6. ^ a b According to the documentation code points 1 to 127 in this group are not supported by Lotus 1-2-3 Release 3.1+ for DOS and OS/2 and earlier. These versions only supported LMBCS code points 0 to 511, covering group 0 and 1 only.

References

  1. ^ a b c d e f g h i j k l m Balaban, Bob (2001). "Multi-Language Character Sets - What They Are, How To Use Them" (PDF). Looseleaf Software, Inc. Archived (PDF) from the original on 2016-11-25. Retrieved .
  2. ^ a b c d e f g h i j k l m n o p q r s t u v w x y z aa ab ac ad ae af ag ah "Appendix A. Encoding Schemes". IBM Character Data Representation Architecture. IBM (CDRA). Lotus Multi-byte Character Set (LMBCS). Archived from the original on 2016-11-26. Retrieved . For optimization purposes, the group byte is omitted in Notes for single-byte values between X'20' and X'FF'. For example, LMBCS is always optimized to group 0x01, which means that any character where the first byte is greater than 0x1F, has an implicit group byte of 0x01.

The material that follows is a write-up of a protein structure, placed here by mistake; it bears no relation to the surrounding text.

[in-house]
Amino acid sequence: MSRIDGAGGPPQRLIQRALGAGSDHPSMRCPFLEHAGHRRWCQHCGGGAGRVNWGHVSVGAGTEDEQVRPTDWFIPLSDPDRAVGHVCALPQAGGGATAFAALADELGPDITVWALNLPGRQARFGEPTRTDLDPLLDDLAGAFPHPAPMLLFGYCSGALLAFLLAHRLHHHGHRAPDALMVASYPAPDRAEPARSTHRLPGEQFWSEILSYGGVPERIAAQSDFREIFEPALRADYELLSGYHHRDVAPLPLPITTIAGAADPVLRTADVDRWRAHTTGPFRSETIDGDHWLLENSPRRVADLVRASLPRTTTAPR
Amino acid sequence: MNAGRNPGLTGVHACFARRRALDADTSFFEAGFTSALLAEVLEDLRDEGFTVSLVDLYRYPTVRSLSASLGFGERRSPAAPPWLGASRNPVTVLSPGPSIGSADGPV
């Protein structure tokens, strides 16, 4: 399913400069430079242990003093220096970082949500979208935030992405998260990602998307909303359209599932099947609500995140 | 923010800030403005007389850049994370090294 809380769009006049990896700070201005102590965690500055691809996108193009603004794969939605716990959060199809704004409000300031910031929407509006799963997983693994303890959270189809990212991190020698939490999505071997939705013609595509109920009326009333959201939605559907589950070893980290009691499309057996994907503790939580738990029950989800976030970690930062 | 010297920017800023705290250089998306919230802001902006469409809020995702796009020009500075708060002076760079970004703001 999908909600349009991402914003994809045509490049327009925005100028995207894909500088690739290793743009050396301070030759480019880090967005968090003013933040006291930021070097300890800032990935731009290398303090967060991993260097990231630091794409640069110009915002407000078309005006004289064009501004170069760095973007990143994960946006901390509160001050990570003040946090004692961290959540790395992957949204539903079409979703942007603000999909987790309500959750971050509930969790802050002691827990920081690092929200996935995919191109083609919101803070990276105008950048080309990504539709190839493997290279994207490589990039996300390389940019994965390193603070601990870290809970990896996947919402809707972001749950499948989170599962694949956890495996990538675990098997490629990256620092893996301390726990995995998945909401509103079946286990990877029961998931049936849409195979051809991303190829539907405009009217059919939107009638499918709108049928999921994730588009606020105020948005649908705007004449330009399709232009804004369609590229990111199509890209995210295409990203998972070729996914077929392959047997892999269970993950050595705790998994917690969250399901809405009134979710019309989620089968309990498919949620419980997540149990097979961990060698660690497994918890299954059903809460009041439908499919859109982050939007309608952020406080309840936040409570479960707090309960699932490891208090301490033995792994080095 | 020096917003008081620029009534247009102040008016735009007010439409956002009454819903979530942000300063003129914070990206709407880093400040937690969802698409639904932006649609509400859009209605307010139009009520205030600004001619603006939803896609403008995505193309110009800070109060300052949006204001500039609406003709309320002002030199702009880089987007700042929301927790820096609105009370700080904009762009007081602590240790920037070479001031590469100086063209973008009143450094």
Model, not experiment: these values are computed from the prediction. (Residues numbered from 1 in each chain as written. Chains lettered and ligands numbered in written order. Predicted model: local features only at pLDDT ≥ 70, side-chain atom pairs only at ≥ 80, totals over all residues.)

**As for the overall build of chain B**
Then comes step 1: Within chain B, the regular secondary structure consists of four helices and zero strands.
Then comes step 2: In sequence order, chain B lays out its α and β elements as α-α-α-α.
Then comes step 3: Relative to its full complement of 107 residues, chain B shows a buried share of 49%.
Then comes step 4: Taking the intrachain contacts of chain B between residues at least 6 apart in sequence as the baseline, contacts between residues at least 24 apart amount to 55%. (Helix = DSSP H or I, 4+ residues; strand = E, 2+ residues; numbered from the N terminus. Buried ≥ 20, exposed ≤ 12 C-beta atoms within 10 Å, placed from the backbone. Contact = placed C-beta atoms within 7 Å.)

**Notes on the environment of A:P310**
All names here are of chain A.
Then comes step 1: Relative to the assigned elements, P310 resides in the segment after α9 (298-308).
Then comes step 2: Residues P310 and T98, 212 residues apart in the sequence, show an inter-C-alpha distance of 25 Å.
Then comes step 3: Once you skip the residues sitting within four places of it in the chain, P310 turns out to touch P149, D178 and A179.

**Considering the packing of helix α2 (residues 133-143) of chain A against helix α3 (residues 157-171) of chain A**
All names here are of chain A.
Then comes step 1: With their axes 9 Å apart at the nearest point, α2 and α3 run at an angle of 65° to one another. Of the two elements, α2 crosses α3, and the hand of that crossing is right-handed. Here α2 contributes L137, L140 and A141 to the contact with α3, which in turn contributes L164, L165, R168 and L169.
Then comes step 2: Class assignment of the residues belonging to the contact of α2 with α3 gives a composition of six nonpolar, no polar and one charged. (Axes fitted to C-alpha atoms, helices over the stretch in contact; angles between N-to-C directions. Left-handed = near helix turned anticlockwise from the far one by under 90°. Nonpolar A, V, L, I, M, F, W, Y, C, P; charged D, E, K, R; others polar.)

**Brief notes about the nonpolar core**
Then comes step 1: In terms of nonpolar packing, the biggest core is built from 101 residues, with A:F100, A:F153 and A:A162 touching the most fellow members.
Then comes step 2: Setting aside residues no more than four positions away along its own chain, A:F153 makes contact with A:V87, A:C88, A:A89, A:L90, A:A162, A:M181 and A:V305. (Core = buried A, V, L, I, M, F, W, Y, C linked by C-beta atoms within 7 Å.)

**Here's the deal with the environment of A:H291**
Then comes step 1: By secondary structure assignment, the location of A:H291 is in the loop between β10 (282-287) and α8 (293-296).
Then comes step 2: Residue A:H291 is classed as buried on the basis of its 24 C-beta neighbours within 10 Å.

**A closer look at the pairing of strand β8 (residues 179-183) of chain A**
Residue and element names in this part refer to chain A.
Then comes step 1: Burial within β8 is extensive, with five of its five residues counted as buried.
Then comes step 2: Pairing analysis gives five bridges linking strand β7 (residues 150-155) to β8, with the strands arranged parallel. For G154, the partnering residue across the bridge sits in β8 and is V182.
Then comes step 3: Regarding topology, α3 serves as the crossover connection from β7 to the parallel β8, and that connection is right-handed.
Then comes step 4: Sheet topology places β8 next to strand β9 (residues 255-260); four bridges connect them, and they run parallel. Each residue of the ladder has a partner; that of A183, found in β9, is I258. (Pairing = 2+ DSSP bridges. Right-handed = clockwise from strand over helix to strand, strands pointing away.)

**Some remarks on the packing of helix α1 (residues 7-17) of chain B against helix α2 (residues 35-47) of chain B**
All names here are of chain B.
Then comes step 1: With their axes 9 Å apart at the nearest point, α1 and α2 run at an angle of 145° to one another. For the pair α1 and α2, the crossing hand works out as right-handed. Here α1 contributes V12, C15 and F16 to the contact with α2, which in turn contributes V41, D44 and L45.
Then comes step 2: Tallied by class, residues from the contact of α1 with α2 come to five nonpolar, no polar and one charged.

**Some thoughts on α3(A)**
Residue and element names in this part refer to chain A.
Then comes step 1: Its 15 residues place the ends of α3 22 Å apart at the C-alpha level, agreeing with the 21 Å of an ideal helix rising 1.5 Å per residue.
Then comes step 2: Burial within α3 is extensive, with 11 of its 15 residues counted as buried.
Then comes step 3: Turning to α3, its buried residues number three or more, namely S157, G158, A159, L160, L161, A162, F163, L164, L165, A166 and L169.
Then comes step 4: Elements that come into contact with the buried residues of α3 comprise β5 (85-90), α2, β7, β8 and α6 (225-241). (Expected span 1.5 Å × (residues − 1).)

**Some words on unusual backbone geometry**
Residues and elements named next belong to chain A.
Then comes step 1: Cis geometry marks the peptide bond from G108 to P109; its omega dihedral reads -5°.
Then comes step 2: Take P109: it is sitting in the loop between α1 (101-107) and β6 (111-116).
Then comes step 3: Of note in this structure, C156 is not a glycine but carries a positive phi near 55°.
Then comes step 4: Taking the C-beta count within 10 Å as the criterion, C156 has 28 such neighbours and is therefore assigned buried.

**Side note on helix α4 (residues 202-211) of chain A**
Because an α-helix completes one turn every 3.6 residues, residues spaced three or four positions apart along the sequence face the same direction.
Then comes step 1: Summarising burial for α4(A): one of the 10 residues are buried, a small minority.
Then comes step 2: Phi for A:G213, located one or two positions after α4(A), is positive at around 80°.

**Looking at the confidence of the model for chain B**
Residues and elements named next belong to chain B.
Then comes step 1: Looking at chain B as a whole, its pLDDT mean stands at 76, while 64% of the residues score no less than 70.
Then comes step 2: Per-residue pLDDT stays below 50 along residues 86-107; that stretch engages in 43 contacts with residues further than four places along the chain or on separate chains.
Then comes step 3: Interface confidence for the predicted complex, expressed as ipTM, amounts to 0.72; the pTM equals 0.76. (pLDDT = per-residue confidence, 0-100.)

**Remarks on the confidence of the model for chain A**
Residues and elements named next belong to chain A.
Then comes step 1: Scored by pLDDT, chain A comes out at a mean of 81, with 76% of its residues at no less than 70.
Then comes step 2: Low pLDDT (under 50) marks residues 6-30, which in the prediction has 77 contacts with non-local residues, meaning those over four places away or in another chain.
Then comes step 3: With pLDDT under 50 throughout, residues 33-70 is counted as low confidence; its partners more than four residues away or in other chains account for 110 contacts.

3. ^ a b Scherer, Markus; Murray, Brendan (2000-06-02). "Re: MS Excel, Lotus 123 & Unicode". Archived from the original on 2016-12-06. Retrieved .
  4. ^ "Kapitel 4. Kompatibilität mit anderen 1-2-3 Versionen - Zeichensätze" [Chapter 4. Compatibility with other 1-2-3 Versions - Character Sets]. Lotus 1-2-3 Version 3.1 Upgrader's Handbuch [Upgrader's handbook] (in German) (1 ed.). Cambridge, MA, USA: Lotus Development Corporation. 1989. pp. 4-10-4-11. 302173.
  5. ^ a b Kamenz, Alfred; Vonhoegen, Helmut (1992). Das große Buch zu Lotus 1-2-3 für DOS (in German) (1 ed.). Data Becker. pp. 131-132, 357-358. ISBN 3-89011-375-3.